By Peter Boone and Simon Johnson
In the aftermath of the Irish bailout, the German proposal for a future sovereign and/or senior bank debt restructuring mechanism within the eurozone makes complete political sense to the electorate in stronger European countries. They do not want to write “blank checks” to weaker countries and to out-of-control financial institutions going forward; creditors to countries that run into trouble will face likely losses.
While the details of this “burden sharing” approach remain to be hammered out (after Sunday’s announcements), there is no way for German or other politicians to backtrack on the broad strategic principles. But once this arrangement is in place, say in 2013 or thereabouts, all eurozone countries will (a) be able to sustain less debt than has recently been regarded as the norm, and (b) become vulnerable to the kinds of speculative attacks in debt markets that we have seen in recent weeks – to reduce funding rollover dangers, they will all need to lengthen the maturity of their outstanding debt.
The end point is clear. Last week the markets began to work backwards to today’s debt profiles; major disruptions still lie ahead.
Ultimately, there will be a eurozone will greater shared fiscal authority, a common cross-border resolution authority for failed banks, and likely greater economic integration. But there are four scenarios regarding who ends up in that eurozone – and how we get there.
First, as officials hope, the IMF bailouts for Greece and Ireland may work – by stopping the panic and reassuring the investors that there will be enough growth to make even those debt burdens sustainable. This seems most unlikely, particularly given what we have seen of the IMF package for Ireland so far.
In this scenario, everyone can continue to stay inside the eurozone. The debt profiles of Greece and Ireland would remain vulnerable, as would slow growth in Portugal and whatever Spanish banks are hiding in their so-called “stress tests.” Germany agrees to foot an open ended bill because its leadership becomes scared of the consequences. The ECB buys a lot of bonds, one way or another.
Second, there is the current market consensus that a package of IMF-European Union support for Portugal and perhaps Spain would truly stabilize the situation. This consensus is fragile – and perhaps more wishful thinking than anything else – but likely to motivate official efforts in the week ahead. But this is what we call the Maginot Line Illusion, i.e., an idea that ignores the potential for trouble to jump to other potentially weaker eurozone countries, such as Italy, France or Belgium.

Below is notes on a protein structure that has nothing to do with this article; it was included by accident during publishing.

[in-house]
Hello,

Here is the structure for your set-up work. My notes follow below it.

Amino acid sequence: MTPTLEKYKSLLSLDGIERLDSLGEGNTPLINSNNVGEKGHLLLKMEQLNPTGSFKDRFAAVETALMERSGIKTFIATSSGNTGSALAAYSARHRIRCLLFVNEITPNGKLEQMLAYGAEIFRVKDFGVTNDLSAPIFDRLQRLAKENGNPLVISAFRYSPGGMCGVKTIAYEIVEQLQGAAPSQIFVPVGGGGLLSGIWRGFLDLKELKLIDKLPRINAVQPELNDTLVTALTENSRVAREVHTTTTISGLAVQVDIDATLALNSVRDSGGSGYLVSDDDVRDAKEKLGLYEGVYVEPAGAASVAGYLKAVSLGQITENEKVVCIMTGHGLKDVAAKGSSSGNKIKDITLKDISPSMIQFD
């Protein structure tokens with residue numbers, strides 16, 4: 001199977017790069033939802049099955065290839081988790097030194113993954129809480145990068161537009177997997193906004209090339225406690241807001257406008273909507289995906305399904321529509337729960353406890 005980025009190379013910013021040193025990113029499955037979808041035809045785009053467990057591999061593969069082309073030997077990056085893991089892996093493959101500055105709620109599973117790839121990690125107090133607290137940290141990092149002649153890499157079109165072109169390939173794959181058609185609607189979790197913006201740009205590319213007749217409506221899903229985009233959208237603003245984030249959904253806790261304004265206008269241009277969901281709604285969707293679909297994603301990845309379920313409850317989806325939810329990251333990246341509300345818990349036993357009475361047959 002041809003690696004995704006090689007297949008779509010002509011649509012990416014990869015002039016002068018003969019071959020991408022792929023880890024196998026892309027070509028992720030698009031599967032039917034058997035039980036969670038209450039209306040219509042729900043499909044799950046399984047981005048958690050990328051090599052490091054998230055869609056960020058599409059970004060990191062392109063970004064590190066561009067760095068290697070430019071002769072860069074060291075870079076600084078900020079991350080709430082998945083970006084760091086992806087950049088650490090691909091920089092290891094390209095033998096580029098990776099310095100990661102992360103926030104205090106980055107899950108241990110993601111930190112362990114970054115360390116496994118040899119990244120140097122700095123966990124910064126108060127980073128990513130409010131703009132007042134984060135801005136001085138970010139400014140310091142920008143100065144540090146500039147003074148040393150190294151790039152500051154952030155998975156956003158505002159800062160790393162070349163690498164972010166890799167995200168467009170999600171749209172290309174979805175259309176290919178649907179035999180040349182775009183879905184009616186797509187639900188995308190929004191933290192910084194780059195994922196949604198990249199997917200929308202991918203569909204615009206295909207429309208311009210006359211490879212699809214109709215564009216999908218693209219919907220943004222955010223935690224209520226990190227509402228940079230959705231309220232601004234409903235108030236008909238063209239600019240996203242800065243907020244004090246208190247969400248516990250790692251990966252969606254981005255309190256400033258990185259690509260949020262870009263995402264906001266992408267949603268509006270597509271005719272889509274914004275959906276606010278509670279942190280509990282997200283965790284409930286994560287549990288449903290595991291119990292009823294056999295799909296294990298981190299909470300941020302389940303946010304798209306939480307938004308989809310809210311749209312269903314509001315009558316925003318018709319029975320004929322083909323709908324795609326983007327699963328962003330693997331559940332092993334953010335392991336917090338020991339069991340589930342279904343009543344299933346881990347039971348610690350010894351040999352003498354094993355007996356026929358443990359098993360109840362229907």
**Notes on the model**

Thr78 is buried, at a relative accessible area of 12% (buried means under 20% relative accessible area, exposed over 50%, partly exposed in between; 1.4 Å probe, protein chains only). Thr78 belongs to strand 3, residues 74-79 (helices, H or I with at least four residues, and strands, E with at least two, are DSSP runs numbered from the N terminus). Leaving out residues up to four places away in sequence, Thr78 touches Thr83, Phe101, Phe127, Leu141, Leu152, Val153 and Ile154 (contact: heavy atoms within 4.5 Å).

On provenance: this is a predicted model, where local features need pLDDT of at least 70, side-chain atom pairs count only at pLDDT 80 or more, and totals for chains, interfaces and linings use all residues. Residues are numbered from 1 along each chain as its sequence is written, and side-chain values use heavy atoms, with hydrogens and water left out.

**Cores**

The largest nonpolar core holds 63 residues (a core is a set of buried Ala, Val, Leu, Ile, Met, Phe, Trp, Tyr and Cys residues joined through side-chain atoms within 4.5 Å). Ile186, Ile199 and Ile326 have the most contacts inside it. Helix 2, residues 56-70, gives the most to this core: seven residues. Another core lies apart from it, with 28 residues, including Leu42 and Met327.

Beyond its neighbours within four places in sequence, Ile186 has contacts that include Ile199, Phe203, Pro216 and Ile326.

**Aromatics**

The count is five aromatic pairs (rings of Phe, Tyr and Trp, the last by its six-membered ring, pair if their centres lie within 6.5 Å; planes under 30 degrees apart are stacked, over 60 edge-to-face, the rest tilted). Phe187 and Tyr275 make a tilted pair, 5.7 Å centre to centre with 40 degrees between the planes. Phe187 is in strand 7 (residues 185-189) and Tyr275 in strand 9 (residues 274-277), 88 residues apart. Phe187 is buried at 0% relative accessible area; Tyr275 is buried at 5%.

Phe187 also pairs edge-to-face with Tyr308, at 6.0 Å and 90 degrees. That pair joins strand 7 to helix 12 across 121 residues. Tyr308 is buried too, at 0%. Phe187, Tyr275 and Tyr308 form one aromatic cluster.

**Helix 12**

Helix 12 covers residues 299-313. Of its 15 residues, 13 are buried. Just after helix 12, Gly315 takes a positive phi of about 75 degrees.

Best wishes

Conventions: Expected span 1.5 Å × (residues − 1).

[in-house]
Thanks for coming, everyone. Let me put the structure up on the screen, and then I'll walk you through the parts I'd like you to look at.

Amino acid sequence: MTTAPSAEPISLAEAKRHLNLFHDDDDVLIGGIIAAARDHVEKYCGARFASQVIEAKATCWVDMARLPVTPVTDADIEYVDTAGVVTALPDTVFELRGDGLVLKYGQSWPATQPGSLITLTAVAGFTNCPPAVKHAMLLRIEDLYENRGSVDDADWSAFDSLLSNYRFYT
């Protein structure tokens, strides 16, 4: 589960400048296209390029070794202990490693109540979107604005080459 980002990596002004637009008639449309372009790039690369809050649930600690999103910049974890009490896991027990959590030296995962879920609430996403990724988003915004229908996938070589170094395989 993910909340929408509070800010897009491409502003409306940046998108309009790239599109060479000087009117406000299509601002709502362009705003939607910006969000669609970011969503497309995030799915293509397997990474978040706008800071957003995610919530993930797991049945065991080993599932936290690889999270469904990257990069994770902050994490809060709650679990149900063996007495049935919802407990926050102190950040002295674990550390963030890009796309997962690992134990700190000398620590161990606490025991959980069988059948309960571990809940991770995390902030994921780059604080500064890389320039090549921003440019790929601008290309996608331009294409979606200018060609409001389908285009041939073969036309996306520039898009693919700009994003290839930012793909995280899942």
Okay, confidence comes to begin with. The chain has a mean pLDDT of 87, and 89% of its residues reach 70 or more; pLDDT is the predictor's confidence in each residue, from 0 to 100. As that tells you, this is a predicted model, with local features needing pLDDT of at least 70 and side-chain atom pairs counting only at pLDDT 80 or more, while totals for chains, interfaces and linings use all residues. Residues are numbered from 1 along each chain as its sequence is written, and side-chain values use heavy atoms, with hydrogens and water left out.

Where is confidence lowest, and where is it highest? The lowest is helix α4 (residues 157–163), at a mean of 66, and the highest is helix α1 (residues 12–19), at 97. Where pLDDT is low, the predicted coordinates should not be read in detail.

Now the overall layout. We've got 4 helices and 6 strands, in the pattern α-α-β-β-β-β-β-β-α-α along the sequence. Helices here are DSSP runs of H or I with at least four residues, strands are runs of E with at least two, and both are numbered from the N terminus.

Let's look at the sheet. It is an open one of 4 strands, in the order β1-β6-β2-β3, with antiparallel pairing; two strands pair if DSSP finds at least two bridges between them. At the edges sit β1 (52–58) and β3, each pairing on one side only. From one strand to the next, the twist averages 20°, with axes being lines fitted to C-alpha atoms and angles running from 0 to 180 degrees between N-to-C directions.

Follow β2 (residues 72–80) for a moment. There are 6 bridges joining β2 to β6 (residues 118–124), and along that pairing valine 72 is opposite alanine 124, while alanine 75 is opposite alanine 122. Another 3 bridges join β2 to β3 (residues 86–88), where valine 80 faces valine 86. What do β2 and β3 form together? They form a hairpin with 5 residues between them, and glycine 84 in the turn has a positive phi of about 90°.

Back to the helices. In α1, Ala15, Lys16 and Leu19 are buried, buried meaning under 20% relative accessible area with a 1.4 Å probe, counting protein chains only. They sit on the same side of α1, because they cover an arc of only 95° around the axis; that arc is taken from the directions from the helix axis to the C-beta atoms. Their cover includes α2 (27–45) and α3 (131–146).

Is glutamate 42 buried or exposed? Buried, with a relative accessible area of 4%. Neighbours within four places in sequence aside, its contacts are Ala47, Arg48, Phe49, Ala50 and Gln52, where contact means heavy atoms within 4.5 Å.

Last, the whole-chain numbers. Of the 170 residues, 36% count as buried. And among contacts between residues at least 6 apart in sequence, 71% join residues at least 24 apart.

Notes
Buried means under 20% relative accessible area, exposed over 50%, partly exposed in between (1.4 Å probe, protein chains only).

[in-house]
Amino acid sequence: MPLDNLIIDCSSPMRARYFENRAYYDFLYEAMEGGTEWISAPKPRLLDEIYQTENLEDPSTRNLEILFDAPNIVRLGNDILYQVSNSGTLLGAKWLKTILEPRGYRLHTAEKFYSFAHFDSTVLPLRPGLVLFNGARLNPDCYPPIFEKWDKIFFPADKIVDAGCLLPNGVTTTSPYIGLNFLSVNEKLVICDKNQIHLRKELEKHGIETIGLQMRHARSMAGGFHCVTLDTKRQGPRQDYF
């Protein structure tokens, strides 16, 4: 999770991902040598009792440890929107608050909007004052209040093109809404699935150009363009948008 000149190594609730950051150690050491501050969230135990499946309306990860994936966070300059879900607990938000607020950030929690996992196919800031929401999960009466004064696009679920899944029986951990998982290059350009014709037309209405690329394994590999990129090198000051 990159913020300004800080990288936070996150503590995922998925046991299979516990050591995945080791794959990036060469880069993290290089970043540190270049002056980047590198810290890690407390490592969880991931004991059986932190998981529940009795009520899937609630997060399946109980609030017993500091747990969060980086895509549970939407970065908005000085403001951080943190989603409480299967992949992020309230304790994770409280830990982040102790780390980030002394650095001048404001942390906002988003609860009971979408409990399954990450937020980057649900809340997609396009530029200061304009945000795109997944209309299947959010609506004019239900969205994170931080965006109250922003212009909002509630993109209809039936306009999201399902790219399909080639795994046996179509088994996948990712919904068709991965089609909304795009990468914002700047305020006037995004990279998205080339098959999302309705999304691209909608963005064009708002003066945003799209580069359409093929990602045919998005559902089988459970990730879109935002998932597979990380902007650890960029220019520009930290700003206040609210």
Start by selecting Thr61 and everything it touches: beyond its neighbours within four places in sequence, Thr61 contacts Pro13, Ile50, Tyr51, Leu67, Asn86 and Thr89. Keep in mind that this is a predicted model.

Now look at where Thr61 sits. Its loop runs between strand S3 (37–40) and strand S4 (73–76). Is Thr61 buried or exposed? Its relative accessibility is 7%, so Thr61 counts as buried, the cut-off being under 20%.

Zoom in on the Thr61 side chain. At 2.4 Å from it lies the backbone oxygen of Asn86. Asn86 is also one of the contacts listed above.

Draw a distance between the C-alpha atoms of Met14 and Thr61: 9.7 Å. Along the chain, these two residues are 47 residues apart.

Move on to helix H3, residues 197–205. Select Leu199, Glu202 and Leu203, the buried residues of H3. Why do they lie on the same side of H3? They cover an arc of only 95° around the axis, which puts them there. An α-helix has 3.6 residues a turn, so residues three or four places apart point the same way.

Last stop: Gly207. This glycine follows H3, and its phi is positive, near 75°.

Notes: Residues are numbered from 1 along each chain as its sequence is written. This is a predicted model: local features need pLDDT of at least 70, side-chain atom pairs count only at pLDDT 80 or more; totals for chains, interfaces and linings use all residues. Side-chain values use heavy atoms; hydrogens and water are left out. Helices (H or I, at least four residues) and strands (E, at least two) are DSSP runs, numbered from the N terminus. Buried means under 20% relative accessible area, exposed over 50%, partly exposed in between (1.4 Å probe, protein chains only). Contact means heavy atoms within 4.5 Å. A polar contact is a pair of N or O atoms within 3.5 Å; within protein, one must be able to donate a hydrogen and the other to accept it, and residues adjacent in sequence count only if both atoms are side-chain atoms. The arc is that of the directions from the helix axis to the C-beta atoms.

In this scenario, Greece probably leaves the eurozone and restructures its debt. The Germans say “Greece should never have been admitted; this was the original and only mistake.” Ireland stays in the eurozone but many of its citizens emigrate. There could be significant grants from Germany and even from outside the eurozone, depending on how much fear spreads around the globe.
Third, there is the thoughtful view of Willem Buiter – currently chief economist at Citigroup and still a brilliant critic of the global financial system. In a presentation circulating last week (not publicly available), he predicts “three or more sovereign defaults in the next five years.” His logic is impeccable – once it is easier to restructure debts, the temptation is to do exactly that; the market knows this and so brings everything forward in time.
Fourth, we have the unthinkable – nicely articulated by the Financial Times’ Lex column on Friday. Divide the eurozone into “relatively prudent” and “relatively imprudent”, in terms of fiscal policy. Adjust that for the forward-looking ability to run a primary surplus (i.e., can a country run a budget surplus on a pre-interest basis, needed to pay down the government debt if under pressure.) Adjust this further for off-balance sheet losses incurred by a country’s banks in the “extreme stress” scenario that begins with the default on senior Irish debt guaranteed by the sovereign – another “Lehman moment”.
Now the eurozone (more likely, some kind of Neue Deutsche Mark, NDM) becomes Germany, the Netherlands, Austria, Finland, and a few smaller countries. Italy is out – even though northern Italy should remain, two currency zones within one country probably does not make sense (sorry Catalonia).
In this scenario, France is the interesting case. Does France leaving the eurozone break the Franco-German alliance that has underpinned European integration since its inception?
Even this extreme scenario is not so bad for political stability and economic recovery. The weaker peripheral countries will be damaged for a generation, but European integration is about more than attempting to share a currency between countries with divergent fiscal policies and no convergence in productivity.
The NDM area will do well; in fact, growth there is already strong – they will probably want to raise interest rates soon. The rump eurozone will flounder but the positive effects of exchange rate depreciation will be rediscovered, at least for those without too much debt.